Douglas squirrels have evolved to be the colors they are because those are the colors that best camouflage the squirrels in their natural environment. As the colors of their environments change, the squirrels’ coats change color as well: in summer, the douglas squirrel is gray on its back and orange-brown on its feet and belly, and in the winter the back is brown and the belly is grayish. You can imagine that when a predator sees the squirrel’s back, its belly will be up against something, like a tree trunk or the ground, and when the predator sees the belly, it is usually looking up, such as when the squirrel is on a branch. The light from the sky makes better for lighter camouflage on the belly and darker camouflage on the back. You see this pattern in fish colors as well.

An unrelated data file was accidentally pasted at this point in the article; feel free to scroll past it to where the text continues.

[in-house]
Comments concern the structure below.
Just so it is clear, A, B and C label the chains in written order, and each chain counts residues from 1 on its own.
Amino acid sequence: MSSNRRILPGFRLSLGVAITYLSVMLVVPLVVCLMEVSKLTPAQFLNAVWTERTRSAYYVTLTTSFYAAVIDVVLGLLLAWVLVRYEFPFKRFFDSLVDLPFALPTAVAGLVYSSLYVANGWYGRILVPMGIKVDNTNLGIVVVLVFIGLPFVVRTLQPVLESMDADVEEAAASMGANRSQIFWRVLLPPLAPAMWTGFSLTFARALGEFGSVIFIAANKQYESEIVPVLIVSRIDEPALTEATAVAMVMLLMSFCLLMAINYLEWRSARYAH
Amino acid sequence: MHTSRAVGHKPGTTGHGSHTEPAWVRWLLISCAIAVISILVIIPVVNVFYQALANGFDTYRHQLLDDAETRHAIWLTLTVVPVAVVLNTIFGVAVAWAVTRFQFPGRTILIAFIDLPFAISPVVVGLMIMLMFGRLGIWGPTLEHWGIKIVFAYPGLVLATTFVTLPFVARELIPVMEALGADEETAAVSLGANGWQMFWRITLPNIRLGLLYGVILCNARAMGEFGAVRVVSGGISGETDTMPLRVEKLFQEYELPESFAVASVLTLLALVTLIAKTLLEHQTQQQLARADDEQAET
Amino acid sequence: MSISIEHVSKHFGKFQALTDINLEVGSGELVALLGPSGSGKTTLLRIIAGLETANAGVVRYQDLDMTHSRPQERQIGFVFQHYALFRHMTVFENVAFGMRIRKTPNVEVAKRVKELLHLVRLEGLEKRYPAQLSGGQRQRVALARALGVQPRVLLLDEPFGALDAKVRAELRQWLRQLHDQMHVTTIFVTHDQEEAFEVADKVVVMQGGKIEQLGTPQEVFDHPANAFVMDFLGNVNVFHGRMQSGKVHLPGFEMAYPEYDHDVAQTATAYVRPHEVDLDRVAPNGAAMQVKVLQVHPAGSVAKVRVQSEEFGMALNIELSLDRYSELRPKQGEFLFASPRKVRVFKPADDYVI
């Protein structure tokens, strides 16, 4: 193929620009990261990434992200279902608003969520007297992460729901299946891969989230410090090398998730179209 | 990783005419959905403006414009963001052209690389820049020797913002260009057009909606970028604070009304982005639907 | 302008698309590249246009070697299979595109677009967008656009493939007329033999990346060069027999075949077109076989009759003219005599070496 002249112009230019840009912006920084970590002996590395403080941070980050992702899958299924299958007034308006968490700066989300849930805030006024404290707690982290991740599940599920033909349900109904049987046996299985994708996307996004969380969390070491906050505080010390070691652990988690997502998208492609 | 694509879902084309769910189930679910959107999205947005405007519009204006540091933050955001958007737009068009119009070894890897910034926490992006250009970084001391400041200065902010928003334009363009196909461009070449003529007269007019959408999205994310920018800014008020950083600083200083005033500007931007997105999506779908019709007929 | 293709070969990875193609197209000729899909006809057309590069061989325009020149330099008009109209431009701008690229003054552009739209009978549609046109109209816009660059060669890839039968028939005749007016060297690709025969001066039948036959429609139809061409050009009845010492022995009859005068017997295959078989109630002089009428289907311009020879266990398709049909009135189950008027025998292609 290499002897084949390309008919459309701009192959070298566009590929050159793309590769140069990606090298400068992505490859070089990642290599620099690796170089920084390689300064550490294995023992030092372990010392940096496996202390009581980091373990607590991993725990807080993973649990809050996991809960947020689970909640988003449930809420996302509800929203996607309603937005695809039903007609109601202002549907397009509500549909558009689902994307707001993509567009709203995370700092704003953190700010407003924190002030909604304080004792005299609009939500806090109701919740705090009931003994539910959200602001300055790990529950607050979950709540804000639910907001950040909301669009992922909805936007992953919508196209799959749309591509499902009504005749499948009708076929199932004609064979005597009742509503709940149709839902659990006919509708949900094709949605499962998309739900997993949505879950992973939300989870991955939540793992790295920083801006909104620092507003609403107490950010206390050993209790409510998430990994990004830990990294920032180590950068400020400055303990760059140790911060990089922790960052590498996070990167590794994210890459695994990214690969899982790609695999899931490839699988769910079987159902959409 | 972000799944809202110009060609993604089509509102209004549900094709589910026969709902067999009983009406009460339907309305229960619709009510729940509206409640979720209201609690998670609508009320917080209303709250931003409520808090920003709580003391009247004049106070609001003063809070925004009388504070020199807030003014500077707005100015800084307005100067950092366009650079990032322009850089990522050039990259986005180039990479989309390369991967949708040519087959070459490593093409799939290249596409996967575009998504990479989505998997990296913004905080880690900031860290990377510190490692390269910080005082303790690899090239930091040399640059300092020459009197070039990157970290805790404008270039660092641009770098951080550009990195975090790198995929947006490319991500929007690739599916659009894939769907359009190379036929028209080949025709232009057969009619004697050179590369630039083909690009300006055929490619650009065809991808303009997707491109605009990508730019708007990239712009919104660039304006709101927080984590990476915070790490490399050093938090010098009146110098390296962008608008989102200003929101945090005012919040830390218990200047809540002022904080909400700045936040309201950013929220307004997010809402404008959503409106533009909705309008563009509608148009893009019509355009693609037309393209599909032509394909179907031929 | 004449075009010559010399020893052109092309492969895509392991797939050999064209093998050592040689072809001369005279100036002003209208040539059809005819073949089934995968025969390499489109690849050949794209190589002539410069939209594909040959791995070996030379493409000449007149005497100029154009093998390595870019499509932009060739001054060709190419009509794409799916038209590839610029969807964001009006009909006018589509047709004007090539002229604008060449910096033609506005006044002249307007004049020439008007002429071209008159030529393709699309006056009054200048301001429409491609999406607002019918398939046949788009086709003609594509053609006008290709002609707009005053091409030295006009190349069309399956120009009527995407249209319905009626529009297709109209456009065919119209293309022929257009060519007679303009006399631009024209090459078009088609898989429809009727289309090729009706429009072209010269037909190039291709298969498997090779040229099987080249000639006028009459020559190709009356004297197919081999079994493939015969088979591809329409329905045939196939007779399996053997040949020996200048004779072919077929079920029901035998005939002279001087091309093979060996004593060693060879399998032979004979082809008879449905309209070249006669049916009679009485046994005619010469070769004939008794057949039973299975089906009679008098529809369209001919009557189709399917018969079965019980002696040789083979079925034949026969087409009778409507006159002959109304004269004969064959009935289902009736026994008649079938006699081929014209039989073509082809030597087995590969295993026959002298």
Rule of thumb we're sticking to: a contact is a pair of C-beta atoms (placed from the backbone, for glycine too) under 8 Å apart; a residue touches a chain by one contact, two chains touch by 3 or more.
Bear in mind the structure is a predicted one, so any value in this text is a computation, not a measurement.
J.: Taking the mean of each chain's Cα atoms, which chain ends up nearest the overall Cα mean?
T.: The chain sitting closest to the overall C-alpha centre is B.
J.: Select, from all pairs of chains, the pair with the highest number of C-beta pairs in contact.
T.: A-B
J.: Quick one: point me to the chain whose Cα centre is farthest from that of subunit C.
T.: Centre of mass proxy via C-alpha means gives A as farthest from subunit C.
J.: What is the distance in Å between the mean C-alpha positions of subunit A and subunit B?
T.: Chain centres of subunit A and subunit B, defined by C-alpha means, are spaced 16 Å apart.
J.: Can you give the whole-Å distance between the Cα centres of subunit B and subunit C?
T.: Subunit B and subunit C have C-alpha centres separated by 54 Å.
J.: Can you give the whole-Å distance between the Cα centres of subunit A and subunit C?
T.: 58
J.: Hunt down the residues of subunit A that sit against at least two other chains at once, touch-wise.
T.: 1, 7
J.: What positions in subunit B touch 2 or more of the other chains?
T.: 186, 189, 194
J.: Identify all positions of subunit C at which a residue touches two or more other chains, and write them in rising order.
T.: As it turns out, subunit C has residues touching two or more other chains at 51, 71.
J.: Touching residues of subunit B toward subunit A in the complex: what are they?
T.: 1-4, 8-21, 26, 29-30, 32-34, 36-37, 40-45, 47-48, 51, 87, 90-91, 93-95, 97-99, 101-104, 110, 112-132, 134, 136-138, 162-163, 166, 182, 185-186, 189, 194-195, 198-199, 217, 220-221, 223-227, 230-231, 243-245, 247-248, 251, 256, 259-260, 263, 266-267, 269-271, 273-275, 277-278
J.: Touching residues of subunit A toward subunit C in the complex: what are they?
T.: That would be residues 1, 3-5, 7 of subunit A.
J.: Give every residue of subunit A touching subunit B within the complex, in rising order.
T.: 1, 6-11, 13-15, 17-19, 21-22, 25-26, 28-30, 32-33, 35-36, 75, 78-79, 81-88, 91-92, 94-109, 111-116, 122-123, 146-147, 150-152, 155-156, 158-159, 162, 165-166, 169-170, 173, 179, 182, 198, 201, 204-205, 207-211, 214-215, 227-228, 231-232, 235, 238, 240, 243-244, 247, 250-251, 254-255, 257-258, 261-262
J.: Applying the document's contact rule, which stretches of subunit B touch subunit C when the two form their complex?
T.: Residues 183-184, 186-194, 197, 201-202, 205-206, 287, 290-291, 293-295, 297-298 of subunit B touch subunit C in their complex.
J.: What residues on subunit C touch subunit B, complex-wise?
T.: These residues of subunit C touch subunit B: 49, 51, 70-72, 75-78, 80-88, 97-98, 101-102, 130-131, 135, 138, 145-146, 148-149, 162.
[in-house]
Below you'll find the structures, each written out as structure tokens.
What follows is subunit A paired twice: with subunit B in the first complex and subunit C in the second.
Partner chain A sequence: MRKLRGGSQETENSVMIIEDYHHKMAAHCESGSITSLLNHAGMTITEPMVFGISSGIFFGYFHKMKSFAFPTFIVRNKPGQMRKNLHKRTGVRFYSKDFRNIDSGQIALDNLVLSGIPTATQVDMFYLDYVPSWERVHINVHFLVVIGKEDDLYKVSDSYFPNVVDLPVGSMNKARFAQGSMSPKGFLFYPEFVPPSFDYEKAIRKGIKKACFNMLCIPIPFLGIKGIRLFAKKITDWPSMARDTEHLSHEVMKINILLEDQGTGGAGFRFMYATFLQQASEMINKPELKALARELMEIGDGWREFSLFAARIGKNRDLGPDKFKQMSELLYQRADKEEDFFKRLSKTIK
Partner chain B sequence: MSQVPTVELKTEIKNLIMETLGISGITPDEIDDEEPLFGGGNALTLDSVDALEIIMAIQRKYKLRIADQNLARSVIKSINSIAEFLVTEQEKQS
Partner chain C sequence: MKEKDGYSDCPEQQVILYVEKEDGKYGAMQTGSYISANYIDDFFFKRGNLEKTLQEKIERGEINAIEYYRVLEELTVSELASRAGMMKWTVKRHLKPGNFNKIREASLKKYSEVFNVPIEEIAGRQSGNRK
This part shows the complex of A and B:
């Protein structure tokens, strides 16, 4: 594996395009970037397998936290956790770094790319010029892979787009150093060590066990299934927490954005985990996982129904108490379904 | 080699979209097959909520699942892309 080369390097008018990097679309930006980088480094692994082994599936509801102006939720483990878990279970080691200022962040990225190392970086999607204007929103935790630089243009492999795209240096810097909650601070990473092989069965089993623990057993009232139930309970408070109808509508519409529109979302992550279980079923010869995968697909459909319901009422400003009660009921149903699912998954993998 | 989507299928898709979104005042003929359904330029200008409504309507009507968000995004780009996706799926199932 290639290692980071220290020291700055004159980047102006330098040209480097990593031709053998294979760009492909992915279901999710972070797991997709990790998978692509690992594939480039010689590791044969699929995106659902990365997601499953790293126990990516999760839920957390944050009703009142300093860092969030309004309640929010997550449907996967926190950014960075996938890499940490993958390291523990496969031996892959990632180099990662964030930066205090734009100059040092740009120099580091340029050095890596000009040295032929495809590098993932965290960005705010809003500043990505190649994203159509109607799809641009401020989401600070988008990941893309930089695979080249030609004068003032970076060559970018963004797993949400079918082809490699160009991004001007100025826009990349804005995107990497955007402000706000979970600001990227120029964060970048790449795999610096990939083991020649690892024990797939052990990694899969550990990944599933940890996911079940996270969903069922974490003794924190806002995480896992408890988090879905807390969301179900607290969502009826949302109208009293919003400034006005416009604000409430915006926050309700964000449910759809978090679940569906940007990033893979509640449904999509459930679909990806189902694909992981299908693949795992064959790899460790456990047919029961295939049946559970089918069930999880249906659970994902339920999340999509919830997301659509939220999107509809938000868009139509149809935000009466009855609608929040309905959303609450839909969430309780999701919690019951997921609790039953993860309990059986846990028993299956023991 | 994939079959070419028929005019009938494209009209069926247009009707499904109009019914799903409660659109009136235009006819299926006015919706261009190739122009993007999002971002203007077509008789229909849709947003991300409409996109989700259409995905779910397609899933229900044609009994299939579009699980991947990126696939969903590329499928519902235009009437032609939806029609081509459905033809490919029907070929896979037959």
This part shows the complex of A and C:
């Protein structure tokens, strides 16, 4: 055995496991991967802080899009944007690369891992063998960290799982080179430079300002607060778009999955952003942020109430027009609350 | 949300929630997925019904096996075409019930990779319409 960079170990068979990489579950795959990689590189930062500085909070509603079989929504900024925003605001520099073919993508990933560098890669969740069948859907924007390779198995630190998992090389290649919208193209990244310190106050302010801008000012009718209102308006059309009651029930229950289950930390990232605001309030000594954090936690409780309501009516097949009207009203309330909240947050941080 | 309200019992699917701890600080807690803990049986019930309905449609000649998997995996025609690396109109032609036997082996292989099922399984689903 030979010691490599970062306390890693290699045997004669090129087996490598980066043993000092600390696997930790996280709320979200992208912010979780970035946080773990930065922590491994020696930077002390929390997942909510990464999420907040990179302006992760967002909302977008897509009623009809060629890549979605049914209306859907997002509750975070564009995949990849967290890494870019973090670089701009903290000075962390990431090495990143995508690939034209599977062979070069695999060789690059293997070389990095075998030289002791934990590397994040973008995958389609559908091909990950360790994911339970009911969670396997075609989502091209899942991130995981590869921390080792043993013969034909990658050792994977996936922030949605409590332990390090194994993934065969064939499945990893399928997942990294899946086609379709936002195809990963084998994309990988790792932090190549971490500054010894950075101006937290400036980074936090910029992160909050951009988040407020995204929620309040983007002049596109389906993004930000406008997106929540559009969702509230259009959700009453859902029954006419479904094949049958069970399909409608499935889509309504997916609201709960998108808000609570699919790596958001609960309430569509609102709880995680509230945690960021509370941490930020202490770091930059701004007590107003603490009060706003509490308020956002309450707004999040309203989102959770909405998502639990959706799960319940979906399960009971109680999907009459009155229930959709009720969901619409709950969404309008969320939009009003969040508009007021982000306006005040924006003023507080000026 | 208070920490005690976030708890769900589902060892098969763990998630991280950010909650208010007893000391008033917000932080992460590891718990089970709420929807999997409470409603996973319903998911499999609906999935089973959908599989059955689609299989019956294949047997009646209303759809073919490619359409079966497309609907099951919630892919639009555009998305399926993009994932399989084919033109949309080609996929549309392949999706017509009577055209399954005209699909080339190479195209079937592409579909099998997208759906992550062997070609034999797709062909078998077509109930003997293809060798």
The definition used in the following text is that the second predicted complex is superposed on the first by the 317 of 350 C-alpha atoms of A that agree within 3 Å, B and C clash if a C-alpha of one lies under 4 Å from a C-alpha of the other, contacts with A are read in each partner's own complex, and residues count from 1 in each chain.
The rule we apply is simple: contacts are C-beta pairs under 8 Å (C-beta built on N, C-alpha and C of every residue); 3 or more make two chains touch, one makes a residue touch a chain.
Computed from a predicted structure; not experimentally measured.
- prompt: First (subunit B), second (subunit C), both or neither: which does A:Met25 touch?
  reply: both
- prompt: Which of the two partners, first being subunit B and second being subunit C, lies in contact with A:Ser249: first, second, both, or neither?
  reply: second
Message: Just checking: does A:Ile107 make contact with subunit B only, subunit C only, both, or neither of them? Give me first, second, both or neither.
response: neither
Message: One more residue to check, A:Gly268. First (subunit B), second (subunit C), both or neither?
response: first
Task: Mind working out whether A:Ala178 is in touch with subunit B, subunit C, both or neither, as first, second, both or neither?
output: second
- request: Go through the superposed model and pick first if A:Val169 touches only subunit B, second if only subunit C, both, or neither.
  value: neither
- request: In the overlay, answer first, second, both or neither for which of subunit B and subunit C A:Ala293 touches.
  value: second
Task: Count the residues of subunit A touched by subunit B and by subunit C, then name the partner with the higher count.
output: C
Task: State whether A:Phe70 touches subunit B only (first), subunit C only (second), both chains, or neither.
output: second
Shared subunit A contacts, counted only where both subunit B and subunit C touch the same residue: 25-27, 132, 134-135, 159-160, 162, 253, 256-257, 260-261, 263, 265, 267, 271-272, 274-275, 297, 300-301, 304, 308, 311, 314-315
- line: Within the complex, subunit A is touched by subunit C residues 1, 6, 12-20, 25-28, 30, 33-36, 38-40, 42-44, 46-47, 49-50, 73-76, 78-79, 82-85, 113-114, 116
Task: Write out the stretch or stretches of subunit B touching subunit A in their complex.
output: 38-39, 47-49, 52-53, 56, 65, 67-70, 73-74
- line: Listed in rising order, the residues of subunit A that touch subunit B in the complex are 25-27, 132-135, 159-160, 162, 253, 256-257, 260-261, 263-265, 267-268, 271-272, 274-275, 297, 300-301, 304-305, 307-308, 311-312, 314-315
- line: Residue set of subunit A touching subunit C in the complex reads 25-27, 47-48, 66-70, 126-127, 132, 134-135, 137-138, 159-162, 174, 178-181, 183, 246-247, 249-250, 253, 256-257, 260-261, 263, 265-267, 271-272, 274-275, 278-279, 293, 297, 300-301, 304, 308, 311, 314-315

Melanin formed by pigment cells that are deposited on the cortex and medulla layers of a hair follicle cause hair colorations black, brown or shades of red or yellow. The Douglas Squirrel, native to coniferous forests along the west coast, is noted for its reddish and brownish gray coloration that adapts to seasonal changes.
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